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AngryAmish Donating Member (1000+ posts) Send PM | Profile | Ignore Sun Jul-25-04 08:41 PM
Response to Reply #3
27. That was the PNAC's point
We support our wealth (including everyone owning a car, cheap stuff at Wal-Mart etc) by the flow of oil at market prices. Gulf War I happened because Saddam got Iraq and Kuwait (a large % of the crude - 15-20% I think) and was in a position to threaten Saudi Arabia. Saudi Arabia could not stop him. So we kicked him out of Kuwait. When he did not come to heel after, he had to be taken out. Thus Gulf War II. When everyone says it is not about the oil, it is about the oil. The US (and the rest of the developed world) will pay a higher price (OPEC is a cartel and keeps prices artificially high) in exchange for not having to seize and run those countries directly. It is cheaper to put up stooge governments in both blood and treasure.
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ayeshahaqqiqa Donating Member (1000+ posts) Send PM | Profile | Ignore Sun Jul-25-04 02:48 PM
Response to Original message
4. Support your local businesses
This includes those who grow food locally. It will become more and more important as the world supply chains break down.
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union_maid Donating Member (1000+ posts) Send PM | Profile | Ignore Sun Jul-25-04 02:55 PM
Response to Reply #4
6. If you can find them
There are feweer and fewer local businesses that provide goods that you actually need here in the 'burbs. They've been driven out. Some downtowns are doing well, but not on things that directly compete with the big discount stores for the most part.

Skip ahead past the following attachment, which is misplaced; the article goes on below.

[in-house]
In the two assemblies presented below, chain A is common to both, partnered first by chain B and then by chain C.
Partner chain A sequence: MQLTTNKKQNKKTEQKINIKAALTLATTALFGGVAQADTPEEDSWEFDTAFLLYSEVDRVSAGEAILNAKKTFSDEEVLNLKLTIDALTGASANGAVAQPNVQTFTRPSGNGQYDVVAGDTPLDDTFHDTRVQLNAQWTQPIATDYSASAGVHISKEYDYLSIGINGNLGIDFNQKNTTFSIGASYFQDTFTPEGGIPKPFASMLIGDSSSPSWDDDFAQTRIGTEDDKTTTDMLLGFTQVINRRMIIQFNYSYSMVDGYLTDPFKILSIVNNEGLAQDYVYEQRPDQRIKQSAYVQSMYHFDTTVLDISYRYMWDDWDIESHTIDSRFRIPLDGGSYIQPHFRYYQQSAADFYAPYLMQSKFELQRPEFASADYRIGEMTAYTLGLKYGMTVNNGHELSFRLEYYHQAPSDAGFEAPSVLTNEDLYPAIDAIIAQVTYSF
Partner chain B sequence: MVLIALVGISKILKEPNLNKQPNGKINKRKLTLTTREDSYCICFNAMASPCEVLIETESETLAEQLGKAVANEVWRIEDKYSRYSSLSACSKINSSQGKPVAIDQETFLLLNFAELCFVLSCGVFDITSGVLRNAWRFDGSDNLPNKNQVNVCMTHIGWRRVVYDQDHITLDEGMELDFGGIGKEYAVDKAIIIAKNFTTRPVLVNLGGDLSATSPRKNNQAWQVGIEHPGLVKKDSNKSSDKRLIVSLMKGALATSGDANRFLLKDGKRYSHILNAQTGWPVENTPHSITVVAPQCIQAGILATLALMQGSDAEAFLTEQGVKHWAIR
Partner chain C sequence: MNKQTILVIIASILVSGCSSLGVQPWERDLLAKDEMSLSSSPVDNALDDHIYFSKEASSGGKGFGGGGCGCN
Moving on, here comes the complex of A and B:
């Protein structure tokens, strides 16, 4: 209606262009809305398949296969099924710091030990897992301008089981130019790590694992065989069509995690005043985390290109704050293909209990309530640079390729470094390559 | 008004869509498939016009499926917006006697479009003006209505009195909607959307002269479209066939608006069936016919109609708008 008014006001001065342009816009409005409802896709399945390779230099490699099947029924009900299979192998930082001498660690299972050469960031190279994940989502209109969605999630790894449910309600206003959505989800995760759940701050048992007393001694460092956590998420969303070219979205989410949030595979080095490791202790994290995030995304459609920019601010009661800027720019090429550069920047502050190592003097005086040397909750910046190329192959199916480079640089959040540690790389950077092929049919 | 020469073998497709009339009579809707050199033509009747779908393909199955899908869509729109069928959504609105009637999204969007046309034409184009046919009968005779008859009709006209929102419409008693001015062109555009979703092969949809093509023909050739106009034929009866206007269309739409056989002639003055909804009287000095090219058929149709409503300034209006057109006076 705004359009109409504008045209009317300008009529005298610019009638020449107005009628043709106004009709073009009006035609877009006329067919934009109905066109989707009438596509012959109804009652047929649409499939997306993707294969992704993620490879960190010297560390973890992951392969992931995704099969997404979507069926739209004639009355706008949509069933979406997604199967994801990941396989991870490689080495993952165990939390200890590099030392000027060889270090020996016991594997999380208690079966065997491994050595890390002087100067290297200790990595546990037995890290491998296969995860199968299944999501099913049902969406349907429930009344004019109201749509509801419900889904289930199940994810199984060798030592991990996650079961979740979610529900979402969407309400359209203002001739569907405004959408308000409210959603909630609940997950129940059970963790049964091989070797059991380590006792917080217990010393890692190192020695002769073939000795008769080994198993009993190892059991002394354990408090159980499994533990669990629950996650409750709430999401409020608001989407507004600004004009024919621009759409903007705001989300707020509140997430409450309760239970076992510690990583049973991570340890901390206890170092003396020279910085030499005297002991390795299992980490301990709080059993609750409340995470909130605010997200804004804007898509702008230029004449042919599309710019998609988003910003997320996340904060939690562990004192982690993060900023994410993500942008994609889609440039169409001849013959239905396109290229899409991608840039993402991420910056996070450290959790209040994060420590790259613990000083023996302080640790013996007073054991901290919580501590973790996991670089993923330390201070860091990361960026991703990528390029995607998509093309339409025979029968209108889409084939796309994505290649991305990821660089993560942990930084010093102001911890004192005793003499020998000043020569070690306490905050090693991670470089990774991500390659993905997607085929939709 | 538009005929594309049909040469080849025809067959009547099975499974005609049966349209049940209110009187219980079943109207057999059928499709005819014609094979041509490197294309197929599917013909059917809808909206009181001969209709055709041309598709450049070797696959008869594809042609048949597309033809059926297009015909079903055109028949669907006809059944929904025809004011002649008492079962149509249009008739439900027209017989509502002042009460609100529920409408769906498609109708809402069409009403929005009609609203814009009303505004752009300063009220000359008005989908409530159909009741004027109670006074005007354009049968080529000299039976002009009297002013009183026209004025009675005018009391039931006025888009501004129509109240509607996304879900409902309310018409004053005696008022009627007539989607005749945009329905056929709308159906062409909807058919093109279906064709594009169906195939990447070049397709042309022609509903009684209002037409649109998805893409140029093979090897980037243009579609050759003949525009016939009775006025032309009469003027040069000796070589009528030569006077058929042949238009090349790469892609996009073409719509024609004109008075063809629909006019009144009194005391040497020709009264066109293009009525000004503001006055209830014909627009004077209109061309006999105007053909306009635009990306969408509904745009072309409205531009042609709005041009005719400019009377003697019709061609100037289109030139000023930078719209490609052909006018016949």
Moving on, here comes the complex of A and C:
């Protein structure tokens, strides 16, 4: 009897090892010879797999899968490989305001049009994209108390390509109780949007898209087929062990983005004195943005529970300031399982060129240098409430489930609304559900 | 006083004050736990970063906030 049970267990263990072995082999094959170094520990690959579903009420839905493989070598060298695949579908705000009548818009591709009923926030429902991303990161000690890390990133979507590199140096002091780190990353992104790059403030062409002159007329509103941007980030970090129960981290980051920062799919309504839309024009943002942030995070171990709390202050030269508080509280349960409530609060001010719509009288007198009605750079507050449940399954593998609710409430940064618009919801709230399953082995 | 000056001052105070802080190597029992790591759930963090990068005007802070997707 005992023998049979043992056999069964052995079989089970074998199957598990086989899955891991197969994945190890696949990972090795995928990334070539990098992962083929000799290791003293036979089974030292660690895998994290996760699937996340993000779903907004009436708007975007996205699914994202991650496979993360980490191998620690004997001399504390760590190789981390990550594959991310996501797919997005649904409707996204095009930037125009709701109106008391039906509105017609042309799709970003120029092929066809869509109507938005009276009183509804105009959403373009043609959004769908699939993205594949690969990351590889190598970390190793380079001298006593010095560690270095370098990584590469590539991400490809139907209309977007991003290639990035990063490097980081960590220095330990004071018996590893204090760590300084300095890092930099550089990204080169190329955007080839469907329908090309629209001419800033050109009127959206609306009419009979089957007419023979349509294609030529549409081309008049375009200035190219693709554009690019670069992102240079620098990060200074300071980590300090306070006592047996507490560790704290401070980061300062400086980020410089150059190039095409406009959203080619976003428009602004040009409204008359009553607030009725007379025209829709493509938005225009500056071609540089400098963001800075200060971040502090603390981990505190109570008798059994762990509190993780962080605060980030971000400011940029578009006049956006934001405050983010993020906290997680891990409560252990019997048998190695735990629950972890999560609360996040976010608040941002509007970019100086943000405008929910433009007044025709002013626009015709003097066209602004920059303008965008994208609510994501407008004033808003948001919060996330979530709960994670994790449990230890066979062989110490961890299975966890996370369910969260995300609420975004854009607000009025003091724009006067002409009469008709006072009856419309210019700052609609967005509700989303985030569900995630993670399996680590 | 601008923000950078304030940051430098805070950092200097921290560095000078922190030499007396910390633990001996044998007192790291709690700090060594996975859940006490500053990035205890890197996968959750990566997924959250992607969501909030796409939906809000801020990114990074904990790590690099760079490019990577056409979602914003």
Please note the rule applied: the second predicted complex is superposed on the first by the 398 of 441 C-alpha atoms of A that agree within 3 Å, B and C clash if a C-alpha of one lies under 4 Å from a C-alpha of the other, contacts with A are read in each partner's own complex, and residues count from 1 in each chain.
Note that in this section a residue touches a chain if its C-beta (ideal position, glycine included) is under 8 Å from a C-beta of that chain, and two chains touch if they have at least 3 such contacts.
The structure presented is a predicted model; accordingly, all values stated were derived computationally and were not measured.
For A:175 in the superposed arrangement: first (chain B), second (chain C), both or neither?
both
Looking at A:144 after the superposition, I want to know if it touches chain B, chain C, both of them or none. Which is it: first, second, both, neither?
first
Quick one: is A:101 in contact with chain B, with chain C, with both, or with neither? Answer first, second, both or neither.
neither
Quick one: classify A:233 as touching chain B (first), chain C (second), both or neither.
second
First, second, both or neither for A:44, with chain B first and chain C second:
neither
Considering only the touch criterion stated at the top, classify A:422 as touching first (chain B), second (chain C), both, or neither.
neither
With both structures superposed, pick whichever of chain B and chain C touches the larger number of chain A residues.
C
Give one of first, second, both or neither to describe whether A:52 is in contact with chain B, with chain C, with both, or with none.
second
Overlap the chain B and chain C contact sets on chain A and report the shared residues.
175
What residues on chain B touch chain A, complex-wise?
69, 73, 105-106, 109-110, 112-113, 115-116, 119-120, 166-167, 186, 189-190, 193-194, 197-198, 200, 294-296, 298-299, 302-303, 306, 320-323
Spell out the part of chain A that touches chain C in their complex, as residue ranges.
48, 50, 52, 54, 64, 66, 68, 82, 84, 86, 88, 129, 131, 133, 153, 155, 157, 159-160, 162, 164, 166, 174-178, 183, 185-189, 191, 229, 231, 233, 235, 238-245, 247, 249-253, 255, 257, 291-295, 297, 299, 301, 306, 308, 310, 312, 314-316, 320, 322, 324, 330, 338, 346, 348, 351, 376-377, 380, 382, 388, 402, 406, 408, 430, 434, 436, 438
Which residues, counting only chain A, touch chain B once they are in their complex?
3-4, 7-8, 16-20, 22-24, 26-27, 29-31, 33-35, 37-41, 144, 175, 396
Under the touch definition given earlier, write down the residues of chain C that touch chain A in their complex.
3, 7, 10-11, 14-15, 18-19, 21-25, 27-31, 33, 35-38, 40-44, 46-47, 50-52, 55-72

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ayeshahaqqiqa Donating Member (1000+ posts) Send PM | Profile | Ignore Sun Jul-25-04 03:02 PM
Response to Reply #6
8. Look to your rural areas
If you live in suburbs, you are closer to them than those in the heart of cities. Also consider planting gardens and drying/preserving your own food. I live in a rural area and can trade with my neighbors for eggs, milk, vegetables, and meat.
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SoCalDem Donating Member (1000+ posts) Send PM | Profile | Ignore Sun Jul-25-04 03:58 PM
Response to Reply #6
16. Every town HAS them, it's just hard to find them sometimes
an example:

We have a Mom & Pop furniture store in our town.. We ALSO have big box stores.. I have bought all my furniture and appliances from the Mom & Pop.. Why??

I pay a teensy bit more, BUT they deliver FREE...SAME DAY.. their delivery people HELPED me unload my broken freezer and load my new one.. They hauled off the old one FREE..

If there is a certain item I want, they will ORDER it for me..with nothing down..

I wanted a couch, but it was more than I wanted to pay, He asked what my upper limit was, I told him, and he said "you got it"..

We always tell our friends to go there..and they have..

They may only have 3 or 4 models of freezer to choose from, but who needs 50 to choose from??

They are never crowded, and you never have to hunt down a salesperson.. and upstairs they have USED stuff.. (yes..they take trade-ins)..